Supermarket sales grew at their slowest annual clip yet this year in August, according to recently released data. Still the year-on-year comparison remained in positive territory, and will likely stay there till the end of 2018 barring any unforeseen circumstances that would reduce sales.
According to statistics released by market research firm IRI, the value of sales at Greek supermarkets rose by 3.4 percent in January-August this year compared to the same period last year. However, turnover rose by just 2.1 percent year-on-year in August, continuing the slowdown trend that started in June, and despite the additional growth in incoming tourism this summer.
While supermarket turnover posted an annual rise of 6.1 percent in May, this dropped to 2.8 percent in June and 2.3 percent in July. Similarly, growth in sales volume declined from 5.4 percent in May to 2.5 percent in June, 2 percent in July and 1.7 percent in August.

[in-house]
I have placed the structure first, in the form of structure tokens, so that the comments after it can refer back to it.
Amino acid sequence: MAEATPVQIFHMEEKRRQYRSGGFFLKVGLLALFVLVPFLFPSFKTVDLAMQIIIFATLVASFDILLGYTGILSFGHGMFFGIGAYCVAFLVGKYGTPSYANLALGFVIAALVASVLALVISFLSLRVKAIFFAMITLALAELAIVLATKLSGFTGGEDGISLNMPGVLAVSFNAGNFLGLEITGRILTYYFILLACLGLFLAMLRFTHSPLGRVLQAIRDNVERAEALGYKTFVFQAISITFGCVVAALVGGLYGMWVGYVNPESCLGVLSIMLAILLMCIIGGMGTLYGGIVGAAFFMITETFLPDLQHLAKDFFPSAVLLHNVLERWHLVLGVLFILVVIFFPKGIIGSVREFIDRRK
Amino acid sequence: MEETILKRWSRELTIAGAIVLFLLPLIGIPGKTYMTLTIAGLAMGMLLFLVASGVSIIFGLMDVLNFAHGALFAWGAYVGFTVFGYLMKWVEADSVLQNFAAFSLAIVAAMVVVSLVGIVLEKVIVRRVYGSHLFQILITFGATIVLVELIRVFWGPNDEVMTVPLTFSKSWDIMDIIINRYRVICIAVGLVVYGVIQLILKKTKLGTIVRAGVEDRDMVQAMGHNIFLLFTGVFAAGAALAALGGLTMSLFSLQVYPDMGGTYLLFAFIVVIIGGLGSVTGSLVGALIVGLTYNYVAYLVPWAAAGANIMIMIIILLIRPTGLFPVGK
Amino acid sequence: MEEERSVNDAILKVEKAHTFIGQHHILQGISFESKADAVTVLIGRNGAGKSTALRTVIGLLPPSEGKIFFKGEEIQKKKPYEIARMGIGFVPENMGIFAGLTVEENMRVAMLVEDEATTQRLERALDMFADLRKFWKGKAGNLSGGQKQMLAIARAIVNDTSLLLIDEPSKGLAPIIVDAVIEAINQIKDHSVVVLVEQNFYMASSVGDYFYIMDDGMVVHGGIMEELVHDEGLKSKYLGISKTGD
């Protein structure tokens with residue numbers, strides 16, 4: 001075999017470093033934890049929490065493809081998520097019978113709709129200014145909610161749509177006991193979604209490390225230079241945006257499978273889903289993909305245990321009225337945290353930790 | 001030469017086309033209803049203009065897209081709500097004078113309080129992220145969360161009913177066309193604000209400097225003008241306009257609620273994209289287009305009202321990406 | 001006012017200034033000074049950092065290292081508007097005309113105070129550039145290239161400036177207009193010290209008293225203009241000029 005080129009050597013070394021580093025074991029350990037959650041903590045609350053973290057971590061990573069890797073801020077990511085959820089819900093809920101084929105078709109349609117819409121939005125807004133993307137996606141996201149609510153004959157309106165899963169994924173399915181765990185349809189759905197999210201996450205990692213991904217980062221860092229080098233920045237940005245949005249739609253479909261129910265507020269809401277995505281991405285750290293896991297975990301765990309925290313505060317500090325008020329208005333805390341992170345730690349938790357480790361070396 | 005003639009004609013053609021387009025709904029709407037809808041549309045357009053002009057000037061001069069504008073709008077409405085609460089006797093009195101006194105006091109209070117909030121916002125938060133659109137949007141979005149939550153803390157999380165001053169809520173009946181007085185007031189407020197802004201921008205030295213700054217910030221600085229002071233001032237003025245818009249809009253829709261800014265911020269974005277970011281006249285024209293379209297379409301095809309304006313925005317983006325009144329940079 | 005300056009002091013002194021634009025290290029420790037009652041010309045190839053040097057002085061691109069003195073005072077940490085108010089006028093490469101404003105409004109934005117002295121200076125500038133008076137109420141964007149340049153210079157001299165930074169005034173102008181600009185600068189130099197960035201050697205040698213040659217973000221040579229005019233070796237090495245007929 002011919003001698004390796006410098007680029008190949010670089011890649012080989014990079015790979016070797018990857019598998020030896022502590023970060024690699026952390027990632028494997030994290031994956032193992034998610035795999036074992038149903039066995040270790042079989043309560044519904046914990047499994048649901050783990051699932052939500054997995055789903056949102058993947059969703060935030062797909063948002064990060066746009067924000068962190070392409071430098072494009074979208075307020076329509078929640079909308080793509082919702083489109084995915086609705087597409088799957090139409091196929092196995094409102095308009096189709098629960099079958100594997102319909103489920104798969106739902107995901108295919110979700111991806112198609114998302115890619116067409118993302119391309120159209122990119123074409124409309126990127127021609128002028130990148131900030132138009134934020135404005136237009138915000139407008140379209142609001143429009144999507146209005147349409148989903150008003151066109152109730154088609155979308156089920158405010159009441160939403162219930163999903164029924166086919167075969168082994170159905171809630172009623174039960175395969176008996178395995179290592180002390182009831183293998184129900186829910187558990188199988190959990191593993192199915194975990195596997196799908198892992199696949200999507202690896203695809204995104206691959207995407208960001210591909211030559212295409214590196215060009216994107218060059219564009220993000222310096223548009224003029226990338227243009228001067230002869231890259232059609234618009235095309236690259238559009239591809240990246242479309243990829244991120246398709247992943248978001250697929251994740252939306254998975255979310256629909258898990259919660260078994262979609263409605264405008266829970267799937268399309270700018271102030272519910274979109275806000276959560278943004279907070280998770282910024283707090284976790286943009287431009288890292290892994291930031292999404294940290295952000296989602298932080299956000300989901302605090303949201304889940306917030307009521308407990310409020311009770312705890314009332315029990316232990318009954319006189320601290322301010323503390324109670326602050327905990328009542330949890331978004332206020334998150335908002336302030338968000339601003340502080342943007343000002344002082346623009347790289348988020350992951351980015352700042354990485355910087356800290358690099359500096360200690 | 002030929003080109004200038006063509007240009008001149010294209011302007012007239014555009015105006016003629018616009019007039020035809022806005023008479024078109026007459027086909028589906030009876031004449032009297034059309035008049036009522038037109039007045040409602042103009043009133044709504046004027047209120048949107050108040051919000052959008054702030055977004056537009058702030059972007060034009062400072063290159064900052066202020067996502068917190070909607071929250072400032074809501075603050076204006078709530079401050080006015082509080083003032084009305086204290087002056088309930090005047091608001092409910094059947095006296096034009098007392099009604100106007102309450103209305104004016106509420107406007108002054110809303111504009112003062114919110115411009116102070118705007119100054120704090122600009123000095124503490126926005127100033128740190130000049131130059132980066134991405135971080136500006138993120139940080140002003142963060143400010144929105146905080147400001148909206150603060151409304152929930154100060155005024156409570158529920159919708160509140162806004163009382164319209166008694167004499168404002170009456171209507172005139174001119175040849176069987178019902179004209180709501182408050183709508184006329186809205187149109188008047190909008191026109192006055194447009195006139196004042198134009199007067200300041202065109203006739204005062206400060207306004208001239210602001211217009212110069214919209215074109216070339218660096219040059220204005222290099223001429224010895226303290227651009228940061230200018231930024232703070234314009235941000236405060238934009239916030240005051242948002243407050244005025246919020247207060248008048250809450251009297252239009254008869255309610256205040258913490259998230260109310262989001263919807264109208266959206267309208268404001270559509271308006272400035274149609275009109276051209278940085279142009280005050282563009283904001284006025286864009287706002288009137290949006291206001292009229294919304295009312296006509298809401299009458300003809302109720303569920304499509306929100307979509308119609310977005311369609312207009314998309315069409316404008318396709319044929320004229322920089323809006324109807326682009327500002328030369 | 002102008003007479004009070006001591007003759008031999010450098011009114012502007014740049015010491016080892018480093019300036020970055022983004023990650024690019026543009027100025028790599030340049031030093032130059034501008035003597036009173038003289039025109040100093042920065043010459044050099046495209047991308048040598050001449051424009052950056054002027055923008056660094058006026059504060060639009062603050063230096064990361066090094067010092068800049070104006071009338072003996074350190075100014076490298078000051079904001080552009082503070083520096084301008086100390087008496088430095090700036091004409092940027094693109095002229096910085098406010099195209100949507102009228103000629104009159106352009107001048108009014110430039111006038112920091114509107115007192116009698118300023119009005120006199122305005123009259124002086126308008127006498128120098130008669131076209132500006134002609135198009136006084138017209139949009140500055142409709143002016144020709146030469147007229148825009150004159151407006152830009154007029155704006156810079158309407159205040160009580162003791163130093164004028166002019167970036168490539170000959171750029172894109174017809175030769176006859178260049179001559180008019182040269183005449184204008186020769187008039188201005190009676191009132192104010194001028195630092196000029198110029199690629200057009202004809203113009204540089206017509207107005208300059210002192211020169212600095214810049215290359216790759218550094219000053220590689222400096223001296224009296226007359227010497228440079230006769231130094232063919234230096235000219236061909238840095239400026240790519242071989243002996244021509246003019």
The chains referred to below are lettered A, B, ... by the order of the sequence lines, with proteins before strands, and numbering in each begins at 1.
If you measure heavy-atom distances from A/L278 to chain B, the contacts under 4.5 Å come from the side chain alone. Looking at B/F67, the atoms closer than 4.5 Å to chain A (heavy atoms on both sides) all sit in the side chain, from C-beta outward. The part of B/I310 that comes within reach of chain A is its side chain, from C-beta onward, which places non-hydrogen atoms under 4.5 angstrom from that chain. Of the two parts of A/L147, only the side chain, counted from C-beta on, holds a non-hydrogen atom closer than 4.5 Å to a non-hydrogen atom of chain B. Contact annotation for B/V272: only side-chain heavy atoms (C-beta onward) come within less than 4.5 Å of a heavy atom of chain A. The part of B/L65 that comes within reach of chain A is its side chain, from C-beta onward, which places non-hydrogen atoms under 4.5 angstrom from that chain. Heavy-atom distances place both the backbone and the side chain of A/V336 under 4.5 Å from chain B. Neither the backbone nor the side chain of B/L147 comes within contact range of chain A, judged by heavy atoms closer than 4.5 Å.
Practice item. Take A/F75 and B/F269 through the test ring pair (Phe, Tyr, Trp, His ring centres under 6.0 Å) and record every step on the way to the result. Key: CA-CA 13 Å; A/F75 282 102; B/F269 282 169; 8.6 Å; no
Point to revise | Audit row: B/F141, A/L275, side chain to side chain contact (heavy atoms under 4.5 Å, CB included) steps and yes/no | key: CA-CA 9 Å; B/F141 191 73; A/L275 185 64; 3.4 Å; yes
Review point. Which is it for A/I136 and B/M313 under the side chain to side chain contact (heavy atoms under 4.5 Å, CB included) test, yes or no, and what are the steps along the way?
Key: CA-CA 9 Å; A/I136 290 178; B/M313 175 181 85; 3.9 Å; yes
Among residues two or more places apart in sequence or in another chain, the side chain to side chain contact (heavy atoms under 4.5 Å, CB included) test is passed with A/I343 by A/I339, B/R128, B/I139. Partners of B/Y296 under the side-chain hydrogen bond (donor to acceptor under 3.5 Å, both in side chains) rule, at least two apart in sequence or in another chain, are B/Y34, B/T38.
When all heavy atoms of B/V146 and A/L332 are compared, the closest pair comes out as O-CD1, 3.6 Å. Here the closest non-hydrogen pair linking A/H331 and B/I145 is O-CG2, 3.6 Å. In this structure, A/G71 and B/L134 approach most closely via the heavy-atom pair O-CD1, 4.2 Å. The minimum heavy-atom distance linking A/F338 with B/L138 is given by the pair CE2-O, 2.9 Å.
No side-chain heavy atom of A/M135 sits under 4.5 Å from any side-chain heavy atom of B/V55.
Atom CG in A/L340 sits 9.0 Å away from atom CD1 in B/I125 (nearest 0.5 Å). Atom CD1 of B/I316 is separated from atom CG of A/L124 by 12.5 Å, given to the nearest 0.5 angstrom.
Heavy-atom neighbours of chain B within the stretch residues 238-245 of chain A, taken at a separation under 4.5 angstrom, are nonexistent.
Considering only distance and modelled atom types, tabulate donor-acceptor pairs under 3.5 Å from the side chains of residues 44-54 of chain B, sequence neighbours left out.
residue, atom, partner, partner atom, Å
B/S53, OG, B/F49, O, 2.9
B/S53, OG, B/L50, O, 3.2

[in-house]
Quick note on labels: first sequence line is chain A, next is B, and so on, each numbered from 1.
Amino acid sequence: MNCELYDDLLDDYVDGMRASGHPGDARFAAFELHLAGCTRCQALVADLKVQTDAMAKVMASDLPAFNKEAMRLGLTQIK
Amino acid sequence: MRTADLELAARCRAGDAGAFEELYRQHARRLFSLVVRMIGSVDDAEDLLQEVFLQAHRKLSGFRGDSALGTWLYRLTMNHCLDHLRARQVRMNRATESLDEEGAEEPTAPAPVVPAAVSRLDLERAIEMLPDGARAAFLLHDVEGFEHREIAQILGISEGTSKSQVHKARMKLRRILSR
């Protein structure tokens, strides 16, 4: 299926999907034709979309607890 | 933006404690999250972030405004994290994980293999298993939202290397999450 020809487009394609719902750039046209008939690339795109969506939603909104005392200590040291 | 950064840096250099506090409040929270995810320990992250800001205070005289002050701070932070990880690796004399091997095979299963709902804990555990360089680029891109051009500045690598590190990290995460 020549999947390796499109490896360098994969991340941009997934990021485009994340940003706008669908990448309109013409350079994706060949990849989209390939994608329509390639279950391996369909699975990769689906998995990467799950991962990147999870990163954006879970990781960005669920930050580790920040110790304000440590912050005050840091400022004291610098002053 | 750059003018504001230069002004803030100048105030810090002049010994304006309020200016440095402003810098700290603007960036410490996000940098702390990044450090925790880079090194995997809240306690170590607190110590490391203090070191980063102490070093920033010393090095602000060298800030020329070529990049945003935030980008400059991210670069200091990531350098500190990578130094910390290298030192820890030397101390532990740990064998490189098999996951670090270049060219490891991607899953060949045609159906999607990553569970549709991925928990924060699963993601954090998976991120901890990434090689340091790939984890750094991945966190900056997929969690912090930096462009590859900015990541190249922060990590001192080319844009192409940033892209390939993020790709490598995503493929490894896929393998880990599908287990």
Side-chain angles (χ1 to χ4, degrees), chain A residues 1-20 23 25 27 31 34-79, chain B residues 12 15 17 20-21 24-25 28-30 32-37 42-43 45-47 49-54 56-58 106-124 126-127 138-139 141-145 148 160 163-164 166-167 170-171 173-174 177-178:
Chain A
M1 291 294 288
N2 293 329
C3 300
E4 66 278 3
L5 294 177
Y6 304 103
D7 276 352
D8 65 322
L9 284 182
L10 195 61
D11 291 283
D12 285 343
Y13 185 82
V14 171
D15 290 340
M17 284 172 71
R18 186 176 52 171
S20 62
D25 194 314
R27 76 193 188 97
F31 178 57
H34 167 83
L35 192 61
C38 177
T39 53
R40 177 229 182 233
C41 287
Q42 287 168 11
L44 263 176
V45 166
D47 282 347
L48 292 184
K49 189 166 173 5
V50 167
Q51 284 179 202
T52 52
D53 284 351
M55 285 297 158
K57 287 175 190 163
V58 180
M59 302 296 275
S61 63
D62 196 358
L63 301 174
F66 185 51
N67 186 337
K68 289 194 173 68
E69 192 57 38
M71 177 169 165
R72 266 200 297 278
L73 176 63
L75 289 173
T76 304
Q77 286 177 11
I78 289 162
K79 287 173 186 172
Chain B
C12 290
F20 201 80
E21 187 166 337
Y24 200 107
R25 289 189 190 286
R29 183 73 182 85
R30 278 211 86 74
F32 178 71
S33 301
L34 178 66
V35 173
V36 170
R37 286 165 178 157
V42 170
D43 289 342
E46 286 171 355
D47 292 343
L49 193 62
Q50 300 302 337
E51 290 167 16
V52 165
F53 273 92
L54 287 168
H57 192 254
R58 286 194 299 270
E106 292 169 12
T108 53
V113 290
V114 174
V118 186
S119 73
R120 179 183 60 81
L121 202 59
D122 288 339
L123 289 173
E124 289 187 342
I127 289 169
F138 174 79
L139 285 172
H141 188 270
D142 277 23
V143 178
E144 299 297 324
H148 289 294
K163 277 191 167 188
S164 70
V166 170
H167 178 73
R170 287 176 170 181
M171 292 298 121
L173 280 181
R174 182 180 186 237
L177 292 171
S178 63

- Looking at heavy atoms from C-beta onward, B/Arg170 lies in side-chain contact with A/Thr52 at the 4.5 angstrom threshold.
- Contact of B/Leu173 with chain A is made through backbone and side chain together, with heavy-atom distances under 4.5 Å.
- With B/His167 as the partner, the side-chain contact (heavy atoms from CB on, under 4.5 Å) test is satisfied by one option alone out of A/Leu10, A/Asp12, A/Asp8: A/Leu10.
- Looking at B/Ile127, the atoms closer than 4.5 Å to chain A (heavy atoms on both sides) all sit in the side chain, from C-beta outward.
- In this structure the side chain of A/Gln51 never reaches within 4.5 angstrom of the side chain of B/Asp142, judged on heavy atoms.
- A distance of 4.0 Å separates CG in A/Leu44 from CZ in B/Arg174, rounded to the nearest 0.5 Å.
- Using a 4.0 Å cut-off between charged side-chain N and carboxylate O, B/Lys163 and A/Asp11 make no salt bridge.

The sales volume of household goods rose by 4.8 percent in January-August, but turnover for the same category increased just 4.3 percent. Beauty and personal care products presented a similar picture, with sales volume growing 3.8 percent as turnover rose by just 1.8 percent. In contrast, the sales volume of food rose 2.9 percent while turnover for the same category increased 3.6 percent; this is because supermarkets have less flexibility as to when they can offer such goods at a discount, unlike the two aforementioned main categories of merchandise.
The extension of discounts to many big-brand products also explains to a great extent the fresh reduction in the market share of private-label products to 15.7 percent in January-August, from 16.3 percent a year earlier, and the drop in their turnover by 1.1 percent year-on-year.